RCU, this barrier-based mechanism, allows for simple epoch-based reclamation of the old copies, and the mechanism as a whole eliminates many of the atomic read-modify-write instructions, memory barriers, and cache misses that are so expensive on modern multicore systems.
- Novel extension of RCU framework that support read-only traverals concurrently with multiple updates.
- In a semi-automated way.
- Removes from the programmer the burder of handcrafting the concurrent copy management using only single pointer manipulations.
- Can be API-compatible with RCU.
- Clock-based logging mechanism.
- Object-level write-log per thread.
// For all operations:
The writer’s modifications are:
- hidden from concurrent reads,
- avoid conflicts with concurrent writes.
In the following figure, the order of updating new value, 23, at write-clock and global-clock is important. Because all new object copies of the write-log become visible at once to all concurrent RLU protected section after the increment of global clock.
Many of the lock mentioned is not really calling
pthread_mutex_lock() but just performing a update at a specific filed in data.
- Execute writers serially.
- Fine-grained locks.
Using a global lock for each writer is simplicity of the code and the concurrency that does exist between read-only and write operations.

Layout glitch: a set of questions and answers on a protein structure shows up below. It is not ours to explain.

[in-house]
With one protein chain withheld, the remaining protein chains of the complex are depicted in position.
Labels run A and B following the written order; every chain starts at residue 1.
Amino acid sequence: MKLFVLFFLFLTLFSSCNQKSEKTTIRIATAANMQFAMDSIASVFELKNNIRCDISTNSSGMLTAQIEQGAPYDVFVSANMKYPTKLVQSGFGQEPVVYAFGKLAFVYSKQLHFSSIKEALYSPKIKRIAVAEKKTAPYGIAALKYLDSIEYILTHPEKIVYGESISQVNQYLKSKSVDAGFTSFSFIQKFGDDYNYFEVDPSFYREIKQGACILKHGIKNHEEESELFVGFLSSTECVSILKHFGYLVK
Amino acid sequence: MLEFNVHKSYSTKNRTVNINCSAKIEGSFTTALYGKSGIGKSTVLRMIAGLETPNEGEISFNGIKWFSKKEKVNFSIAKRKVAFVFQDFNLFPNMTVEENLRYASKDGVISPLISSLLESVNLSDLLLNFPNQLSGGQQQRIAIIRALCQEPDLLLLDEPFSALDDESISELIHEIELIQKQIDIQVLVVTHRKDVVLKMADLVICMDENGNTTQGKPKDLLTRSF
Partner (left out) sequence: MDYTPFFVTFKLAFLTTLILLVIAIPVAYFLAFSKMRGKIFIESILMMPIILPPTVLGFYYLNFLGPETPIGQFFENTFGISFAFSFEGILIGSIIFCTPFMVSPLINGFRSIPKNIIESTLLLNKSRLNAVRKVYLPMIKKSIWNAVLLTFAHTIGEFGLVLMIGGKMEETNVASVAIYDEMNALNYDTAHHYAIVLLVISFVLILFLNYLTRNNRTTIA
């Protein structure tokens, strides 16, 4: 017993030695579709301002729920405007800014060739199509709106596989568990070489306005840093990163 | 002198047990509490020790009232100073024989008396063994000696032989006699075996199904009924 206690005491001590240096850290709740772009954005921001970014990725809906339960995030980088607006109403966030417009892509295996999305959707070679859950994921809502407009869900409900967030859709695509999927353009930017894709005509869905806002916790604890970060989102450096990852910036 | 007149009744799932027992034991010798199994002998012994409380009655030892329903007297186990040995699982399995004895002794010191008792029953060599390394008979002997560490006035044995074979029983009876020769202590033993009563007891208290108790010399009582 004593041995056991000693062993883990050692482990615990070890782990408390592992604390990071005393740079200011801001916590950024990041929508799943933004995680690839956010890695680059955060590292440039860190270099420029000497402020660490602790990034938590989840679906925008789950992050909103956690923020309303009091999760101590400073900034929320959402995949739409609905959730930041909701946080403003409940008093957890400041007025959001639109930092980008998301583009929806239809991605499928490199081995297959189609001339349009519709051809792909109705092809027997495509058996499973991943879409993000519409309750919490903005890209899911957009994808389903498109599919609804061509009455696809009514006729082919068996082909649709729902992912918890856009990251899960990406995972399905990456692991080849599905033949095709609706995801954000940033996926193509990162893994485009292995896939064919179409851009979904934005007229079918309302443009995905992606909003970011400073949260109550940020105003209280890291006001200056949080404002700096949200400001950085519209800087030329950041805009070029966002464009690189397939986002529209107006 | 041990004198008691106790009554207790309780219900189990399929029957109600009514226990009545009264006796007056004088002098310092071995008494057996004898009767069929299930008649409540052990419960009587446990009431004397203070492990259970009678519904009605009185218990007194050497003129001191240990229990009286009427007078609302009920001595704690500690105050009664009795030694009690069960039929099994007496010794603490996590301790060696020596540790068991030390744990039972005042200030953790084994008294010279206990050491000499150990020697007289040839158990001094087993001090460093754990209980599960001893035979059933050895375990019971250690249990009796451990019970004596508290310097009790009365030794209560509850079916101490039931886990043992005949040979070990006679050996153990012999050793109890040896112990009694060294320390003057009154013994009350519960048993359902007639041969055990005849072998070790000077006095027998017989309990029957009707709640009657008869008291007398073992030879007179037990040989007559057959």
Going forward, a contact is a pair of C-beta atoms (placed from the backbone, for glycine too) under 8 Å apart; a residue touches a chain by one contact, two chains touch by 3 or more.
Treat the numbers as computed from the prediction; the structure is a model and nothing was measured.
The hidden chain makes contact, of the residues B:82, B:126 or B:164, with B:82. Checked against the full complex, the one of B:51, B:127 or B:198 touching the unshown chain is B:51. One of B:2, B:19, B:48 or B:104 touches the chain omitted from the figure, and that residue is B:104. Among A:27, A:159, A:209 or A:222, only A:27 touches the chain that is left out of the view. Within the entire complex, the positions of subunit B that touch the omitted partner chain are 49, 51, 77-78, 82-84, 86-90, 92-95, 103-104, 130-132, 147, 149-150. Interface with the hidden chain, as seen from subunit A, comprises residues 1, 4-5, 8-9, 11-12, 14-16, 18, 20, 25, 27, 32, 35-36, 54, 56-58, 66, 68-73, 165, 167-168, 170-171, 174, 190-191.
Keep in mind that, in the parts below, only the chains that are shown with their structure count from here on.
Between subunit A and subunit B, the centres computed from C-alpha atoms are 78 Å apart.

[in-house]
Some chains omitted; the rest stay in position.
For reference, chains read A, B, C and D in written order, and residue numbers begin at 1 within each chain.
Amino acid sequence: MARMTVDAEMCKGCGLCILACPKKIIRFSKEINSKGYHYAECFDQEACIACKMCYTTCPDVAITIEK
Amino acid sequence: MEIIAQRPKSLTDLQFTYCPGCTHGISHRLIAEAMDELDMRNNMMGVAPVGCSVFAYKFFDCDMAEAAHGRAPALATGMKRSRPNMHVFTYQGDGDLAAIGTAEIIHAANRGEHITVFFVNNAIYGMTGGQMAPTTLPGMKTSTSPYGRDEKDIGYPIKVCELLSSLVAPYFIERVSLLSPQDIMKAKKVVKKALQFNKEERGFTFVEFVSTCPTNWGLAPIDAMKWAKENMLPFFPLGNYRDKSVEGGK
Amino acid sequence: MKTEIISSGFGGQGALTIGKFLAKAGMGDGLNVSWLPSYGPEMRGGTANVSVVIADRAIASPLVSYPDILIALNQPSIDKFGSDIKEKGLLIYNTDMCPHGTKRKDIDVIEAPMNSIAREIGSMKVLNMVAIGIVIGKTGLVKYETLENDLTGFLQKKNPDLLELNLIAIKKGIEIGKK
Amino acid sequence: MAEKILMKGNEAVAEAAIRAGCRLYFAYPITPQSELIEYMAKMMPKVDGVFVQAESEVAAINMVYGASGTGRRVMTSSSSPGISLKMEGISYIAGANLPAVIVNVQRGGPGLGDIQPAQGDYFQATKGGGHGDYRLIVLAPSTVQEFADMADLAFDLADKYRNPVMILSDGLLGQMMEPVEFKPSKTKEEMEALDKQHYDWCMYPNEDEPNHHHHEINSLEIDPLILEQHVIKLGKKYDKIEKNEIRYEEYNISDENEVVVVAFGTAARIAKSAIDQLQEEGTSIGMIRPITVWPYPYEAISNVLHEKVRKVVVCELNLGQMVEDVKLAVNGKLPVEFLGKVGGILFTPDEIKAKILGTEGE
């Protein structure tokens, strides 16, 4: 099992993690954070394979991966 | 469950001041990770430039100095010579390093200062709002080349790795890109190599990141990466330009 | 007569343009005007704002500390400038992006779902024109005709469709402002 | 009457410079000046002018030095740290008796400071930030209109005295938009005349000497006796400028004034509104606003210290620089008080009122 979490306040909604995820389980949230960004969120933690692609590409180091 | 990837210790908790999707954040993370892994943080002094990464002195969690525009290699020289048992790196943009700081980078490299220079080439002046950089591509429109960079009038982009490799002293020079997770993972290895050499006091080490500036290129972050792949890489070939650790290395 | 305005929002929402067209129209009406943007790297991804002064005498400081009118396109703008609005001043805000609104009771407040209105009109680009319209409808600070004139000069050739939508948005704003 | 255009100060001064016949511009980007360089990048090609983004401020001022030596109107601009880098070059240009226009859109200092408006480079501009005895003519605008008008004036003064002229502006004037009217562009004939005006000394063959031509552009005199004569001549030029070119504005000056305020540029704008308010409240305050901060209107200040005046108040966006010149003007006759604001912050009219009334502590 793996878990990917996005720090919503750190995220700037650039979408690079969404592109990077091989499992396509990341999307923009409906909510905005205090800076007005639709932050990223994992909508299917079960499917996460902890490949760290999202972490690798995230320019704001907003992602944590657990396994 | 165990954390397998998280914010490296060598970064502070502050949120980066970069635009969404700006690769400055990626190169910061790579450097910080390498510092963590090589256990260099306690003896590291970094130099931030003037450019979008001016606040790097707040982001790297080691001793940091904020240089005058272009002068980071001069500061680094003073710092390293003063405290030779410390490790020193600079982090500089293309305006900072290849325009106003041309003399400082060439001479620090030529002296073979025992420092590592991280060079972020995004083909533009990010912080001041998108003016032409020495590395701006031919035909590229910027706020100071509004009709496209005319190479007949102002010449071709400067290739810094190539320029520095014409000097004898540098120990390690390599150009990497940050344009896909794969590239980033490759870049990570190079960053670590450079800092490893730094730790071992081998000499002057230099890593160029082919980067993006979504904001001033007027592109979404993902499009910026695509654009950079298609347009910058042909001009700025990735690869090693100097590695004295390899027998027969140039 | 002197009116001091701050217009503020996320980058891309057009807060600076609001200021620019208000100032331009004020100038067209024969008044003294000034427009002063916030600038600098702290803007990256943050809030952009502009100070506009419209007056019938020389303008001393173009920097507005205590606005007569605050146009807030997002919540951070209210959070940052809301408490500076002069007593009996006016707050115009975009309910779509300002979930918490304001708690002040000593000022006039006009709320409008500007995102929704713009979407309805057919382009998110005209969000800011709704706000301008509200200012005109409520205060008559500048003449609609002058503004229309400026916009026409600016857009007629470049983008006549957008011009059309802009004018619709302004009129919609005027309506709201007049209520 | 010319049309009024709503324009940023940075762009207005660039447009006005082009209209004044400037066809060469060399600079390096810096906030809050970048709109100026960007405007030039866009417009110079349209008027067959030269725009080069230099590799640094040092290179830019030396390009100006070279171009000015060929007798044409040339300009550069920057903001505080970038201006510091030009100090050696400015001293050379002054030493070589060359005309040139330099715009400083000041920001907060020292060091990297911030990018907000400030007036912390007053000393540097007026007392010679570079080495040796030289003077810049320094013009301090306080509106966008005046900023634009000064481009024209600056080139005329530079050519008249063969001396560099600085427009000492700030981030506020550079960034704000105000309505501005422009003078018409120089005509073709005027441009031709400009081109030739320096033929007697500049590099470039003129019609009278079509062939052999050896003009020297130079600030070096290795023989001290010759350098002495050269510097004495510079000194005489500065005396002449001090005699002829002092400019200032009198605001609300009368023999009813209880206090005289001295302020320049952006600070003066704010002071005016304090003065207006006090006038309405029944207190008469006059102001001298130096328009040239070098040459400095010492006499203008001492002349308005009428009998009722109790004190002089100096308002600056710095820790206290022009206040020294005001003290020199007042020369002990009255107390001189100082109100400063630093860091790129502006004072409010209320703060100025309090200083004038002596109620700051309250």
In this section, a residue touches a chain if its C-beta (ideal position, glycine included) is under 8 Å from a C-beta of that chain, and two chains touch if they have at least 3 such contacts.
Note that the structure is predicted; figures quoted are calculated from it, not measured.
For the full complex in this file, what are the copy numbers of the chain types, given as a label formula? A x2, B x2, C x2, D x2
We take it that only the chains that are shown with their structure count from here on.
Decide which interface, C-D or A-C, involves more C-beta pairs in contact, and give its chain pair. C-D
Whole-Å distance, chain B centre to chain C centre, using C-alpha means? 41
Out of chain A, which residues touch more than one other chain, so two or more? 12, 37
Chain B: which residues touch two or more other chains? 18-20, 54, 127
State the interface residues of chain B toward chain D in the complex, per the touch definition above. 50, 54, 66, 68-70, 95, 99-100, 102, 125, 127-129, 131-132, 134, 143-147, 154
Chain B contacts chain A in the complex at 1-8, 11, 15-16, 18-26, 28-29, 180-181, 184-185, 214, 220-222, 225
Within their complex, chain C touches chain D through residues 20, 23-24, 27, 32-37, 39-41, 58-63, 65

But the drawback is a lack of scalability.
Each object that a writer modifies is logged and locked (as shown in the former figure) by the RLU mechanism.
RLU locks can be used as a fine-grained locking mechanism.
For standard lock, it is necessary to execute post-lock customized verifications to ensure that the state of the object is still the same as it was before locking. This action is unnecessary for RLU locks.
- a global clock
- a global array of threads
- two write-logs: new object copies
- a thread indentifier
- a pointer: point to the actual object
- the object size
- a special pointer value that indicates this is a copy (constant)
- a run counter: the thread is active or not
- a local clock: stealing mechanism
- write clock for each thread: stealing mechanism
- write clock of a thread is initially $\infty$ and write clock is updated first (than global clock), so stealing from a thread is only possible when is updates the write clock during the commit
- a pointer: points to the copy of this object in a write-log
Note: The actually code is the way of much more complex than previously mentioned. But these code are also nice course of programming in C.
- Read-Log-Update: A Lightweight Synchronization Mechanism for Concurrent Programming, Alexander Matveev, Nir Shavit, Pascal Felber, Patrick Marlier